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descriptionSummary Background Trial findings show cognitive behaviour therapy (CBT) and graded exercise therapy (GET) can be effective treatments for chronic fatigue syndrome, but patients' organisations have reported that these treatments can be harmful and favour pacing and specialist health care. We aimed to assess effectiveness and safety of all four treatments. Methods In our parallel-group randomised trial, patients meeting Oxford criteria for chronic fatigue syndrome were recruited from six secondary-care clinics in the UK and randomly allocated by computer-generated sequence to receive specialist medical care (SMC) alone or with adaptive pacing therapy (APT), CBT, or GET. Primary outcomes were fatigue (measured by Chalder fatigue questionnaire score) and physical function (measured by short form-36 subscale score) up to 52 weeks after randomisation, and safety was assessed primarily by recording all serious adverse events, including serious adverse reactions to trial treatments. Primary outcomes were rated by participants, who were necessarily unmasked to treatment assignment; the statistician was masked to treatment assignment for the analysis of primary outcomes. We used longitudinal regression models to compare SMC alone with other treatments, APT with CBT, and APT with GET. The final analysis included all participants for whom we had data for primary outcomes. This trial is registered at http://isrctn.org , number ISRCTN54285094. Findings We recruited 641 eligible patients, of whom 160 were assigned to the APT group, 161 to the CBT group, 160 to the GET group, and 160 to the SMC-alone group. Compared with SMC alone, mean fatigue scores at 52 weeks were 3·4 (95% CI 1·8 to 5·0) points lower for CBT (p=0·0001) and 3·2 (1·7 to 4·8) points lower for GET (p=0·0003), but did not differ for APT (0·7 [−0·9 to 2·3] points lower; p=0·38). Compared with SMC alone, mean physical function scores were 7·1 (2·0 to 12·1) points higher for CBT (p=0·0068) and 9·4 (4·4 to 14·4) points higher for GET (p=0·0005), but did not differ for APT (3·4 [−1·6 to 8·4] points lower; p=0·18). Compared with APT, CBT and GET were associated with less fatigue (CBT p=0·0027; GET p=0·0059) and better physical function (CBT p=0·0002; GET p<0·0001). Subgroup analysis of 427 participants meeting international criteria for chronic fatigue syndrome and 329 participants meeting London criteria for myalgic encephalomyelitis yielded equivalent results. Serious adverse reactions were recorded in two (1%) of 159 participants in the APT group, three (2%) of 161 in the CBT group, two (1%) of 160 in the GET group, and two (1%) of 160 in the SMC-alone group. Interpretation CBT and GET can safely be added to SMC to moderately improve outcomes for chronic fatigue syndrome, but APT is not an effective addition. Funding UK Medical Research Council, Department of Health for England, Scottish Chief Scientist Office, Department for Work and Pensions.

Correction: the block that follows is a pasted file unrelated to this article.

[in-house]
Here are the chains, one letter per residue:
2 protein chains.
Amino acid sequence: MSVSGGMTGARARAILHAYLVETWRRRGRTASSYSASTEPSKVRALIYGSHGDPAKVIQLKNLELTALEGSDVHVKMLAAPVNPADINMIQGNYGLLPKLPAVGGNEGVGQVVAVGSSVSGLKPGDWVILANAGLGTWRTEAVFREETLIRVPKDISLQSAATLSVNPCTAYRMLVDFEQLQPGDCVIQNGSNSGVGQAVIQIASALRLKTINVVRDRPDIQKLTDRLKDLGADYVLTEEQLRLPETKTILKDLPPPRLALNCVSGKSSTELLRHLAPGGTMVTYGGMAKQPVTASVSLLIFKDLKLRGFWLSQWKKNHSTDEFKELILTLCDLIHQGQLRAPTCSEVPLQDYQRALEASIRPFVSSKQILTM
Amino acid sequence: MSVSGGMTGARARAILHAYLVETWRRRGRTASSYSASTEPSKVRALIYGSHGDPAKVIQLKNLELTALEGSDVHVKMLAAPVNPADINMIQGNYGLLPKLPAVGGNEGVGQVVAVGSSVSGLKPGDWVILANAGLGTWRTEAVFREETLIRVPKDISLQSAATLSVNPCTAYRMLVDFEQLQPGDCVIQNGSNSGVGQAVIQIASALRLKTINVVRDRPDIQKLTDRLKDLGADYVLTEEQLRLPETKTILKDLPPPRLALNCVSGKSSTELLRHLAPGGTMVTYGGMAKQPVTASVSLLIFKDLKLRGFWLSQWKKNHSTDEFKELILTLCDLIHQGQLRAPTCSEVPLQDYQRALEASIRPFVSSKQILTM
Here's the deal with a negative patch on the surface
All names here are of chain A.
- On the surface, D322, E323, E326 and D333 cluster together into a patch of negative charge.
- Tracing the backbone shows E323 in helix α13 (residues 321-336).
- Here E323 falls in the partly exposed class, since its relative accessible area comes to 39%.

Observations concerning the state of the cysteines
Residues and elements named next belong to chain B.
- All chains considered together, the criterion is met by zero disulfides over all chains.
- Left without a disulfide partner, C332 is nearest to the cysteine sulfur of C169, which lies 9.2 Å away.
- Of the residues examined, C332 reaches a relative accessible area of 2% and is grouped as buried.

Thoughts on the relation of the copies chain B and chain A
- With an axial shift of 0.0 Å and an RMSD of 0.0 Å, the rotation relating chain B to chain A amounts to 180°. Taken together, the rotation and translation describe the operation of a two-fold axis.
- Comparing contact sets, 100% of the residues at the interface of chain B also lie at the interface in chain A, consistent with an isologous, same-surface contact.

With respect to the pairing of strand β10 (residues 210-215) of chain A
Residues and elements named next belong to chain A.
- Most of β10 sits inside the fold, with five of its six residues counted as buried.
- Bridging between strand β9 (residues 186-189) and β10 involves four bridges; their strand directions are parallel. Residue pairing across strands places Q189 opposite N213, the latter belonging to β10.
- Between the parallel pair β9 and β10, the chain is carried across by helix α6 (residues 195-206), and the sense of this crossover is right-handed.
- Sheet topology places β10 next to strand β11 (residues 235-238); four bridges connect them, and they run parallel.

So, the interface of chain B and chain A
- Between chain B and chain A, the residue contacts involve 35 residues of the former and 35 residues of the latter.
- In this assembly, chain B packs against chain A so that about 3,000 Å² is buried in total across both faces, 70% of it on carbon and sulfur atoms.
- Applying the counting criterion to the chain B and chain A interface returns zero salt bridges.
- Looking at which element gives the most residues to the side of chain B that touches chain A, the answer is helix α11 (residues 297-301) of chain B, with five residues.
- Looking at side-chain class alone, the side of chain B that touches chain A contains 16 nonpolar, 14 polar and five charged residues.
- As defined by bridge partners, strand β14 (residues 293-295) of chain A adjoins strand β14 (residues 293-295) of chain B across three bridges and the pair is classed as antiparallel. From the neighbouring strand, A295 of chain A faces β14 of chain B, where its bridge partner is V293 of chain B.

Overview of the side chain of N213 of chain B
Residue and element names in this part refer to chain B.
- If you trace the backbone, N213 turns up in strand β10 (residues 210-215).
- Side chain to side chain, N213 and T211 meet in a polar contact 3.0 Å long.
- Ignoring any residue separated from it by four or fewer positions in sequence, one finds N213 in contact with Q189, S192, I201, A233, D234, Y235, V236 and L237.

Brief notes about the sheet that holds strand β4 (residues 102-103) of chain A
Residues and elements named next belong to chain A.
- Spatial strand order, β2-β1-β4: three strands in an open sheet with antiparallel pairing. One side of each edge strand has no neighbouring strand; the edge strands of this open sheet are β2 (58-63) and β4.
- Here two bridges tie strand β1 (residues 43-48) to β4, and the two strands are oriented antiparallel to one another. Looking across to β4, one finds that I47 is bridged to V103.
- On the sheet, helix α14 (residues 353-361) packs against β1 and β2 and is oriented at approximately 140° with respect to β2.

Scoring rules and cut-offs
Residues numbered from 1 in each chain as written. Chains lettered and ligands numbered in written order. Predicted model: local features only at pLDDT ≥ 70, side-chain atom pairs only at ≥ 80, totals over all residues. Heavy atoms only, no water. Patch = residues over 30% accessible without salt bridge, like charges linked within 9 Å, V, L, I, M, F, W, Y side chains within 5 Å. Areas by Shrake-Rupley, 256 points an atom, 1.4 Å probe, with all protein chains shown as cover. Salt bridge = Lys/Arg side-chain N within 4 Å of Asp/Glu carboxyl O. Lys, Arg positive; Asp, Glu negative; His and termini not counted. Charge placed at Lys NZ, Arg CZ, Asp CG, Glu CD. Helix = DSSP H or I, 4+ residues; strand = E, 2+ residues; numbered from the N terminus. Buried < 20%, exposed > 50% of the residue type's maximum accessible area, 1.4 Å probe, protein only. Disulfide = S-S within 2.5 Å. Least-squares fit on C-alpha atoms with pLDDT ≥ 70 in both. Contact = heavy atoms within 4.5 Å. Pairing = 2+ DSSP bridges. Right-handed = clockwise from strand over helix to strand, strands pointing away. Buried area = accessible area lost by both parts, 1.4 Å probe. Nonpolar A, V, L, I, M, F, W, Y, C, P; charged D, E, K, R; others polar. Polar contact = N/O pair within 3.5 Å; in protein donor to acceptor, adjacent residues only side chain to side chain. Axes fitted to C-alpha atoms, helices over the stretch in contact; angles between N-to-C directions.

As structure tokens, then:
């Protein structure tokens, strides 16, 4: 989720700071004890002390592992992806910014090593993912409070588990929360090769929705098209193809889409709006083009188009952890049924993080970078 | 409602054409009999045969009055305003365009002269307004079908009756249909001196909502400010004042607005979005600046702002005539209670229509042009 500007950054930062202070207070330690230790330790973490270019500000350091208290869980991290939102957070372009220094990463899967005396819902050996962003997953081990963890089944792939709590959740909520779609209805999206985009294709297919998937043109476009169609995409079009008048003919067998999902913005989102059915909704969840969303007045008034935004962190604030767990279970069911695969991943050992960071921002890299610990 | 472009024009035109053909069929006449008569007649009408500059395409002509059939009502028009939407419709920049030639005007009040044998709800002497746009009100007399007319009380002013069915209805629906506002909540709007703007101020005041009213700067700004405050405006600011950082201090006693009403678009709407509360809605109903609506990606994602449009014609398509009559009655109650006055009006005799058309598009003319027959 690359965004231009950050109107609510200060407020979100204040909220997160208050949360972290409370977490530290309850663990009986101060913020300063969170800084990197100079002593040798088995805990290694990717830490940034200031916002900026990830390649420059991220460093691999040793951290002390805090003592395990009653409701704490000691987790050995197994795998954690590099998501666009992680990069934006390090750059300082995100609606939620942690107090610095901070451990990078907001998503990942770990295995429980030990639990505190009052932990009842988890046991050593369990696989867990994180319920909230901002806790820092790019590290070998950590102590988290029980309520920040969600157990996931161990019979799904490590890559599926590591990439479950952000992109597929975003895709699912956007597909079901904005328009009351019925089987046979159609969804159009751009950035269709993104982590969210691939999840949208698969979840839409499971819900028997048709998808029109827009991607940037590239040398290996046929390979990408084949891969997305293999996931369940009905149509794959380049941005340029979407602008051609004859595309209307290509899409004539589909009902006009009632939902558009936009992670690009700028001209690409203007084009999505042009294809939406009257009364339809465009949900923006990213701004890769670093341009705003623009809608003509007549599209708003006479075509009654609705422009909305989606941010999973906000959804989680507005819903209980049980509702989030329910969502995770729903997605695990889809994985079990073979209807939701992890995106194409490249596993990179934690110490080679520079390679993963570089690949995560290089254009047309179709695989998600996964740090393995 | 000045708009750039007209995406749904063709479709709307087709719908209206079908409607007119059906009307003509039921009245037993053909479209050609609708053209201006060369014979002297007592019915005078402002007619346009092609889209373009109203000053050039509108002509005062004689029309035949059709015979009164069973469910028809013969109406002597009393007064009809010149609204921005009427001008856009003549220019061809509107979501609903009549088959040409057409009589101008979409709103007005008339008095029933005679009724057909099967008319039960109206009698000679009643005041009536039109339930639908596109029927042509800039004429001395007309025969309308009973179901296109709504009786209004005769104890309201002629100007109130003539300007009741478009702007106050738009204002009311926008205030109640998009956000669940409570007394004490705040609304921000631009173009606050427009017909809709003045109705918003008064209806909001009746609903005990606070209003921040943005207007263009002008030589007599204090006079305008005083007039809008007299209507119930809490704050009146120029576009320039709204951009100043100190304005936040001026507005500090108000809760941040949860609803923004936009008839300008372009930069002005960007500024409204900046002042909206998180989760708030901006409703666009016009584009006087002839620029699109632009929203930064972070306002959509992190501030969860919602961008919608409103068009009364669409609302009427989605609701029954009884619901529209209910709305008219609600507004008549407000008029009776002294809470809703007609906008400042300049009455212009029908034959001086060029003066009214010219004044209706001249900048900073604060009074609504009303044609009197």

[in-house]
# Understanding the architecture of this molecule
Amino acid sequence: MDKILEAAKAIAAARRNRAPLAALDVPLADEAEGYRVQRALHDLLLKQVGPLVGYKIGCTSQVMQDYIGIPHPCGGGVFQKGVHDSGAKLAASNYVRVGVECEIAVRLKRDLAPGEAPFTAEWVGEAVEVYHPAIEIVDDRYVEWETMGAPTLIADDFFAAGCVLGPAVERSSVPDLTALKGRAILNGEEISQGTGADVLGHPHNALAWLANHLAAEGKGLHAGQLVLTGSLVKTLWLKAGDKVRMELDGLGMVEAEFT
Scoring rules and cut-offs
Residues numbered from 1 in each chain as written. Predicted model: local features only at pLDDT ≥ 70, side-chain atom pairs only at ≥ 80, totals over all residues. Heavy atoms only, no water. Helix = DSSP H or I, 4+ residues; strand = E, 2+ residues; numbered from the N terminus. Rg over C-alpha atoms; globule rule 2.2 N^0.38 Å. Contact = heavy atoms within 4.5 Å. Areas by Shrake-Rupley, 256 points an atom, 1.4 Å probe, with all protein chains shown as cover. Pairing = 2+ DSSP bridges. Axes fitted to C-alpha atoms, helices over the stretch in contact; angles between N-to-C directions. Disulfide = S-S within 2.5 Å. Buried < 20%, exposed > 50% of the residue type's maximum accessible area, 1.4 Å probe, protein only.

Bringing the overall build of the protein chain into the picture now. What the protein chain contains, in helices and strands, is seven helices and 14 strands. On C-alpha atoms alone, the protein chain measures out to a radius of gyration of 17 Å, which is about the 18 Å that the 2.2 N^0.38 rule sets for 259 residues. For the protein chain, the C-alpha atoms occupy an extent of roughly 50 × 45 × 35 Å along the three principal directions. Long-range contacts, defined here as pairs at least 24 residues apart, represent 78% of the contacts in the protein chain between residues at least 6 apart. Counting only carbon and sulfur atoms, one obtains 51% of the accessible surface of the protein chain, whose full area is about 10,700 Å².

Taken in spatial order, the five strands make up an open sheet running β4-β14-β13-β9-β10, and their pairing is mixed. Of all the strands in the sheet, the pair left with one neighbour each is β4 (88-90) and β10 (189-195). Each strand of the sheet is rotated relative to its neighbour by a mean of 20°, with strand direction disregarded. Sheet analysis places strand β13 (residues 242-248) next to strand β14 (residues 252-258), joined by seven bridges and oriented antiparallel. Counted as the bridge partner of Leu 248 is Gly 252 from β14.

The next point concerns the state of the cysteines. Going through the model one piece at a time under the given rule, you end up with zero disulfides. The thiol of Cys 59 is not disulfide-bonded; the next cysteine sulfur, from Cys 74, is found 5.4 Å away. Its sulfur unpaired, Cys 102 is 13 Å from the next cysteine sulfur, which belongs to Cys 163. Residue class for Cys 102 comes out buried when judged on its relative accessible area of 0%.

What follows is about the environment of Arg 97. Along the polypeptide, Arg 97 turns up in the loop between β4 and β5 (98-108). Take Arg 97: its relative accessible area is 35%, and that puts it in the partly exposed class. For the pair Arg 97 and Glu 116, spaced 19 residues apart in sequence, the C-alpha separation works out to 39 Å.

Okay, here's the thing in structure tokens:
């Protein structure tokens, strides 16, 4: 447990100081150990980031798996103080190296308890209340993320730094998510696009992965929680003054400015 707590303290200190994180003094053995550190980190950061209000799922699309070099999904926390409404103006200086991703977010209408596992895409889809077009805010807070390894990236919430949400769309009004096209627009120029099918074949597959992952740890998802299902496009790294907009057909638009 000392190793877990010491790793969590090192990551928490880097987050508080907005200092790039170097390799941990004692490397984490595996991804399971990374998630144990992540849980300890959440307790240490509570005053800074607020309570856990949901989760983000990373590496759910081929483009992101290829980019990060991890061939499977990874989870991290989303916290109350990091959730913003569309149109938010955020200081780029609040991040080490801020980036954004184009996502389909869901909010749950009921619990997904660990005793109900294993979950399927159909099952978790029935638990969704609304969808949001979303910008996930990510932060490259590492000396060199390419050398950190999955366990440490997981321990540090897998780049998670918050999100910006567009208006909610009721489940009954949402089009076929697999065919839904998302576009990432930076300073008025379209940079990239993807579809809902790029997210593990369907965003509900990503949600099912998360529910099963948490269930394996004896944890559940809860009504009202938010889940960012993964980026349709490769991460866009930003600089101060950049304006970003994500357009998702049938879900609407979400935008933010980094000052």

subject